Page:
More Israel-Russia talks on Syria
HIGH-LEVEL MILITARY talks began on Tuesday in Tel Aviv between a Russian delegation and a team led by IDF Deputy Chief of Staff Major-General Yair Golan.
Both sides remained tight-lipped about the talks, but Israeli officers said the issues being discussed included the co-ordination of operations between the two countries’ militaries in Syria, including both air and naval operations and electro-magnetic communications.
The low-key and apparently cordial nature of the Israeli-Russian military engagement has been in stark contrast to what is happening on the other side of Syria.
Russian diplomats were called in three times by Turkish officials who wanted to complain about incursions by the country’s air force jets into Turkey’s airspace.
In all cases, the incursions ended quickly and without incident after Turkish F-16 fighter-jets were scrambled. But the incidents raise the concern that, as Turkey is a Nato member, Russia is using its deployment to Syria — to support the Assad regime — to challenge the West’s military alliance as well.
The Sukhoi bombers sent to Syria’s Latakia airbase by Russia last month have been carrying out air-strikes since the middle of last week, but despite the Russian government’s claims that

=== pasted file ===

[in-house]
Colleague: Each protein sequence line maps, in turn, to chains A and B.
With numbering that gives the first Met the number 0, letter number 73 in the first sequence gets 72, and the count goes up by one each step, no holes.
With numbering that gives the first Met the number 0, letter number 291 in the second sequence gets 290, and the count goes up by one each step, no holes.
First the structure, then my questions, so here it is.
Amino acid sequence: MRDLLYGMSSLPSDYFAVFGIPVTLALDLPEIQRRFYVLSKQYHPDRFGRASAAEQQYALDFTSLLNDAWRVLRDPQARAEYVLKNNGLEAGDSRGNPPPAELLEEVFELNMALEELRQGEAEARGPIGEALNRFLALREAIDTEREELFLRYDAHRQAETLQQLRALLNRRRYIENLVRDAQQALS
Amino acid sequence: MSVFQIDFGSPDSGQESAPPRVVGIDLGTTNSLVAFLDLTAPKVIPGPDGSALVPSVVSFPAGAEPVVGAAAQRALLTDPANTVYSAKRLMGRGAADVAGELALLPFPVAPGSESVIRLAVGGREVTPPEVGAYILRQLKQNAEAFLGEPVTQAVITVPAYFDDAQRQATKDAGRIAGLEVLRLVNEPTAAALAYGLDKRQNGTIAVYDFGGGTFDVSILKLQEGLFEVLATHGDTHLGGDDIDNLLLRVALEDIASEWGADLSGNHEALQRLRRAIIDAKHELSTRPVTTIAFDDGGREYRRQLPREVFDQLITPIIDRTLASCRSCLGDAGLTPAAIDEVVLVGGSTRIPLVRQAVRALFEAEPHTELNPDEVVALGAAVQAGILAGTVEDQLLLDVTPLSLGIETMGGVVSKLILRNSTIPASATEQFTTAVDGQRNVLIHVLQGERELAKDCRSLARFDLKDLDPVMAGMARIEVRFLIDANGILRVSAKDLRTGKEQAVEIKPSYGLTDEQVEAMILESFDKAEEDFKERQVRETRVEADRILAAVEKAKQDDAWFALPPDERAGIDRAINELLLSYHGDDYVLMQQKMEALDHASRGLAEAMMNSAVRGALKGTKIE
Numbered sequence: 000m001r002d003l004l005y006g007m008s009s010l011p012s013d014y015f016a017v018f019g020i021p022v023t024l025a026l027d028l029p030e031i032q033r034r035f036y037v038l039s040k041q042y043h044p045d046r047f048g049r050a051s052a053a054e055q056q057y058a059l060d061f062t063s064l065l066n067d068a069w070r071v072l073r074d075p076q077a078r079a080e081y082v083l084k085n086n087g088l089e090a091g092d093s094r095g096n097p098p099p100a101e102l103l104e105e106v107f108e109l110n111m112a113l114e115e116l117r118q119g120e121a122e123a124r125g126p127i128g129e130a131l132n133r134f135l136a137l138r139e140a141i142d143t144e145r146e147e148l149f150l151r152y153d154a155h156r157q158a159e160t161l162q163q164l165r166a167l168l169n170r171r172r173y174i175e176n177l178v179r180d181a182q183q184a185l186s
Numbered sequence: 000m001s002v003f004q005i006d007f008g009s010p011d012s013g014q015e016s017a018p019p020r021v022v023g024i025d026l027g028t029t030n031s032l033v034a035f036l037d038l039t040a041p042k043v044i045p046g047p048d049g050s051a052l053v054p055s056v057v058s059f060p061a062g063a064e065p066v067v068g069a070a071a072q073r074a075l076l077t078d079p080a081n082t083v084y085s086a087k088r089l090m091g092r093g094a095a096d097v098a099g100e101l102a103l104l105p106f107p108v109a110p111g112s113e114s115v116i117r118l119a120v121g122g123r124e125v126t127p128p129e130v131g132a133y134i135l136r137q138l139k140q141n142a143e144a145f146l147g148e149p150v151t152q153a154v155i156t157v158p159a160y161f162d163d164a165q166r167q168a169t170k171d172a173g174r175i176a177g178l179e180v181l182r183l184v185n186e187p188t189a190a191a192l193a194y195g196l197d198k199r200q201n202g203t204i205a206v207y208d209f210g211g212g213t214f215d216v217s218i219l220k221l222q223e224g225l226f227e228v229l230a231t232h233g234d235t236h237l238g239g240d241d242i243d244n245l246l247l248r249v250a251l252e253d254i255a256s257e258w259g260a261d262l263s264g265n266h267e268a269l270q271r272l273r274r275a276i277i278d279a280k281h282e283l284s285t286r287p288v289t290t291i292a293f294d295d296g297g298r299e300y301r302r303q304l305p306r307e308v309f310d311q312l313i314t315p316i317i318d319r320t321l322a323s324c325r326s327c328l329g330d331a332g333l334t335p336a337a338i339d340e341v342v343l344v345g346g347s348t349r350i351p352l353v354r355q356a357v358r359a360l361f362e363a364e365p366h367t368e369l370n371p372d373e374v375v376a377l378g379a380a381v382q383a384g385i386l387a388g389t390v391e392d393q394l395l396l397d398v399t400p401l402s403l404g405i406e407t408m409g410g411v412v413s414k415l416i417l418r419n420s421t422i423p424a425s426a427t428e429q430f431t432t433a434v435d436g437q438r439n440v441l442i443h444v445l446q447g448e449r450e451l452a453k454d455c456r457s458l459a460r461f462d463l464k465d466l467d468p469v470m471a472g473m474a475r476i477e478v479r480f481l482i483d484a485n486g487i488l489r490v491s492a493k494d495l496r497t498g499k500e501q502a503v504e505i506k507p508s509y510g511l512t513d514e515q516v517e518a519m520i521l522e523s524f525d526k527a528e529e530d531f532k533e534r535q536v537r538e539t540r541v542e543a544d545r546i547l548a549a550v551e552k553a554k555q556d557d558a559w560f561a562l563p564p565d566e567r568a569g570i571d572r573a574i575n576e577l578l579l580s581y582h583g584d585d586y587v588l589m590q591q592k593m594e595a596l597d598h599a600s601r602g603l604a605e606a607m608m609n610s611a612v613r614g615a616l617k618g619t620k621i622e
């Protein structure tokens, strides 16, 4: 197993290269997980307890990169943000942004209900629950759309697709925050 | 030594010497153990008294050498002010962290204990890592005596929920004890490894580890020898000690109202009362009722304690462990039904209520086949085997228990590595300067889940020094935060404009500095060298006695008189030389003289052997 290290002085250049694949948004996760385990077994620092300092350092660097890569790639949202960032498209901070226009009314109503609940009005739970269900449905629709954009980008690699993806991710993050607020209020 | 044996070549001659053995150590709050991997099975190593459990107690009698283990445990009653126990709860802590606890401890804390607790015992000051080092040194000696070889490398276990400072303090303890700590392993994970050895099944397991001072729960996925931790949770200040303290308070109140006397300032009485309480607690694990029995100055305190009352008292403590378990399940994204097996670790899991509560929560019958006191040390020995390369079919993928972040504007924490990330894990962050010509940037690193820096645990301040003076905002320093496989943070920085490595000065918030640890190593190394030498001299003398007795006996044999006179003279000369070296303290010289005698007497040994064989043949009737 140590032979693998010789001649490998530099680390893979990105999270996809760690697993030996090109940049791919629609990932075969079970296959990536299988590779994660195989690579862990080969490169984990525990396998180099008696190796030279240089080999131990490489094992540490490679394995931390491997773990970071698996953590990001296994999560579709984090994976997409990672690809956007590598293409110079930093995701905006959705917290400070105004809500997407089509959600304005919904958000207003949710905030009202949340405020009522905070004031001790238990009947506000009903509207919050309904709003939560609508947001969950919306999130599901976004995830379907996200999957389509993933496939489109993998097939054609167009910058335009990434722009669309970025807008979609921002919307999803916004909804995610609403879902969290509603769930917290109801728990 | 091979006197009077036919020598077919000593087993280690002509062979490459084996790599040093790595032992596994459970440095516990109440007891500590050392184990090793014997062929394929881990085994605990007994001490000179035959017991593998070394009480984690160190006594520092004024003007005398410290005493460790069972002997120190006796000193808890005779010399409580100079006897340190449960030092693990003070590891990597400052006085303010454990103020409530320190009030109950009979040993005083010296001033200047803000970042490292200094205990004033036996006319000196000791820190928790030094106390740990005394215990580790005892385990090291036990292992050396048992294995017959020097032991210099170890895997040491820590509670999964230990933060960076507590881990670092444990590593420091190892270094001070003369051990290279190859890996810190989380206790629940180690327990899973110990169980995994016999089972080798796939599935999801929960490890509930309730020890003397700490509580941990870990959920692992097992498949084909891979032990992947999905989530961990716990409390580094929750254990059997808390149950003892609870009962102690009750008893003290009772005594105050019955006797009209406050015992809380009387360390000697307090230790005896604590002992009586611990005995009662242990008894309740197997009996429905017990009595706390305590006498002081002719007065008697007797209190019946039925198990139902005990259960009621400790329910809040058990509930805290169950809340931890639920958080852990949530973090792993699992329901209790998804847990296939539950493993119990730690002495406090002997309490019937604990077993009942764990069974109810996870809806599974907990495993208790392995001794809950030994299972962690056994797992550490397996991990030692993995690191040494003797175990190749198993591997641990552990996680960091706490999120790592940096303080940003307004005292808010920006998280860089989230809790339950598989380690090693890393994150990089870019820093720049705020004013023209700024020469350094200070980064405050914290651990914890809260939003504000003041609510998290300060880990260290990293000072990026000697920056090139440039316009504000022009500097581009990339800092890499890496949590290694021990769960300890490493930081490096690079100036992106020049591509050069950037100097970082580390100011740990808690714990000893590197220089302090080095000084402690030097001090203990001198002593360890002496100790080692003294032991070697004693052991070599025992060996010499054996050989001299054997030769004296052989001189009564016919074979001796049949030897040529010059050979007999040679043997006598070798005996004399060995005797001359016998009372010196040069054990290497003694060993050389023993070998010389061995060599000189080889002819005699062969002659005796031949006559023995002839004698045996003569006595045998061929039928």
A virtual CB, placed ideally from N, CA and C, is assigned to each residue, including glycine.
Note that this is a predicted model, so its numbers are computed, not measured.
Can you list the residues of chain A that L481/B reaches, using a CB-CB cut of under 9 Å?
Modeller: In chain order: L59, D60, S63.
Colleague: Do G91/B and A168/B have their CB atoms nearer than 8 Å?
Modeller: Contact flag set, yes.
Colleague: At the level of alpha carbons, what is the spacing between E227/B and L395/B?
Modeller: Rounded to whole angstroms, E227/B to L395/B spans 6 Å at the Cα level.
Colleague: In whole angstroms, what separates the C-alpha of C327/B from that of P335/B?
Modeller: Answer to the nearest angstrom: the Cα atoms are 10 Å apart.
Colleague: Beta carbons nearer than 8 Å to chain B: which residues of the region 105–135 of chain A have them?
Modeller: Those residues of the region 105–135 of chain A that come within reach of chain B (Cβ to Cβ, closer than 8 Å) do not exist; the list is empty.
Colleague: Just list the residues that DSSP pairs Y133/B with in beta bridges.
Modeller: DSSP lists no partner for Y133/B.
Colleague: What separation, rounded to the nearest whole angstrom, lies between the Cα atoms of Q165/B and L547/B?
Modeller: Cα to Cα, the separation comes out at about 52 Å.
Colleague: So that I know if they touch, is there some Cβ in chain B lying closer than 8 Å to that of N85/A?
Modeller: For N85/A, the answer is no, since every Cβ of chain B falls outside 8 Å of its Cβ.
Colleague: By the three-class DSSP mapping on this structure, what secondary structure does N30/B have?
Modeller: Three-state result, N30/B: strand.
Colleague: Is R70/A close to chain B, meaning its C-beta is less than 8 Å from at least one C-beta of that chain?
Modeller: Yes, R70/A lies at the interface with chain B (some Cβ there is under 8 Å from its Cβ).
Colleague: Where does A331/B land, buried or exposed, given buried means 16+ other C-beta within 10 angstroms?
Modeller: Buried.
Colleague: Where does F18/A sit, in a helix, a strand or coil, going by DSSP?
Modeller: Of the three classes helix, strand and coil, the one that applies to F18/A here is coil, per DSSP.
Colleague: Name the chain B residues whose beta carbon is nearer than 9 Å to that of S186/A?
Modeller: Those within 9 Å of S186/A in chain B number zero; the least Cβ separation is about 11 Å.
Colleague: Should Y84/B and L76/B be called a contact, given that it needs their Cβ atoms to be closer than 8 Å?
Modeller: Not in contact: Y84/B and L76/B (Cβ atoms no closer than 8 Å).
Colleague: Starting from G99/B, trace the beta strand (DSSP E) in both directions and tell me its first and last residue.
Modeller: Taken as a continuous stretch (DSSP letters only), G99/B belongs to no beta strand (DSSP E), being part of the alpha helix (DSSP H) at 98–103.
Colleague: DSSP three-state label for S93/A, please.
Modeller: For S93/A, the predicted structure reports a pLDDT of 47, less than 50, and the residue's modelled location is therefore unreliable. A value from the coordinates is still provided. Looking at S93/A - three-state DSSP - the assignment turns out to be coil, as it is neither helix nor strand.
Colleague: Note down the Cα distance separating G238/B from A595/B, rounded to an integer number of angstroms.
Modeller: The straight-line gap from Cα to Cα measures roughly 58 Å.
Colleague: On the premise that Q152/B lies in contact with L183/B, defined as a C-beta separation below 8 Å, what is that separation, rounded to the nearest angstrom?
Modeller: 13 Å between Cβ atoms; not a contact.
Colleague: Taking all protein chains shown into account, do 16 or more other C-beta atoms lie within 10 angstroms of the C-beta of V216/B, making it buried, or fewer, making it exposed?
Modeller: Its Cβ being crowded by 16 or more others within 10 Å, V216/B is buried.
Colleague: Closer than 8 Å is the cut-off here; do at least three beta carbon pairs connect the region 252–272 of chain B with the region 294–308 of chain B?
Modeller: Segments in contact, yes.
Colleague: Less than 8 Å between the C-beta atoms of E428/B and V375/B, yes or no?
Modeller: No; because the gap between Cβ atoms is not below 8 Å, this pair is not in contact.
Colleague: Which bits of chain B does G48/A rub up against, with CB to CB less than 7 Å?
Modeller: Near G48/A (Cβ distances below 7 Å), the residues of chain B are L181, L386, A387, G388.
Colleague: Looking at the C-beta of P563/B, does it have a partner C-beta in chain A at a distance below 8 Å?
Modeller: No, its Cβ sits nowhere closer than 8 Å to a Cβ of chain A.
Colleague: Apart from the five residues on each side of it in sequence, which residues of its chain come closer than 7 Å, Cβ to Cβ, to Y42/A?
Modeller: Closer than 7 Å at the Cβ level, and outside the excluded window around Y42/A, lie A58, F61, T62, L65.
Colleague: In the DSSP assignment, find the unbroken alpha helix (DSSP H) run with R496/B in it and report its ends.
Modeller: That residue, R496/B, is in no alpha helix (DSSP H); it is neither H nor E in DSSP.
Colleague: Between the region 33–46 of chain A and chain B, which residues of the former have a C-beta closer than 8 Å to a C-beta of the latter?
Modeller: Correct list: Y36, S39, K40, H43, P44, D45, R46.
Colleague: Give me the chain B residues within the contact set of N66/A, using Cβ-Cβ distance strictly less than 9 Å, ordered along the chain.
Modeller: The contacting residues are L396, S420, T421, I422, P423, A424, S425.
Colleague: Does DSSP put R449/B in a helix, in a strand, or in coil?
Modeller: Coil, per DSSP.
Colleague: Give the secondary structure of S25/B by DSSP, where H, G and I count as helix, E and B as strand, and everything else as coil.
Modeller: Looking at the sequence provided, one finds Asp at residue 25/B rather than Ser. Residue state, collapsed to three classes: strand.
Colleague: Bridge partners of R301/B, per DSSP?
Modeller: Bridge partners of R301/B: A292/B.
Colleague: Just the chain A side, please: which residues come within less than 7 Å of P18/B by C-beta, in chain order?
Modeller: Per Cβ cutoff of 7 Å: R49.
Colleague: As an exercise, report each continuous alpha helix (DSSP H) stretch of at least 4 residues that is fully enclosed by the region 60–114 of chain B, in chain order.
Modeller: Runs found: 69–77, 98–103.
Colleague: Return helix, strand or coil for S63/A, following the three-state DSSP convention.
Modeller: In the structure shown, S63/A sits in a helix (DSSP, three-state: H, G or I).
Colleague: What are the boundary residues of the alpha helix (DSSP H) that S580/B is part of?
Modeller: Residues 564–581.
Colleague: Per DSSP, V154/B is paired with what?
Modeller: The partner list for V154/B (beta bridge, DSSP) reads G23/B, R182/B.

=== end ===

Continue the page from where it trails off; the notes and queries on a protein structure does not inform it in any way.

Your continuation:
A man sorts through wreckage at the site of alleged Russian airstrikes on the town of Idlib, Syria, last weekend they were targeting Daesh bases, the location of most of the attacks were not in areas held by the extreme jihadist movement — they were generally against more moderate Syrian rebel groups.
This has stoked accusations that Russia’s true intentions in Syria are to prop up President Bashar al-Assad, who until recently was in danger of losing his last strongholds in Damascus and the Allawite enclave on the Mediterranean, rather than fighting Daesh.
Recent statements coming from Russia about preparations to join the ground fighting in Syria have also given ammunition to Vladimir Putin’s political opponents.
They accuse him of intervening in Syria to deflect attention from the lack of Russian progress in Ukraine.
All this is happening when the United States and other Western nations, including Britain, have yet to formulate a clear policy in response to Russia’s actions in Syria.
Meanwhile, Israeli officials seemed confident that from their country’s perspective, while Russia’s presence in Syria “was something we have to take into account”, it was a development Israel could deal with through the efficient Jerusalem-Moscow relationship which also allows it to monitor Iranian activity in Syria.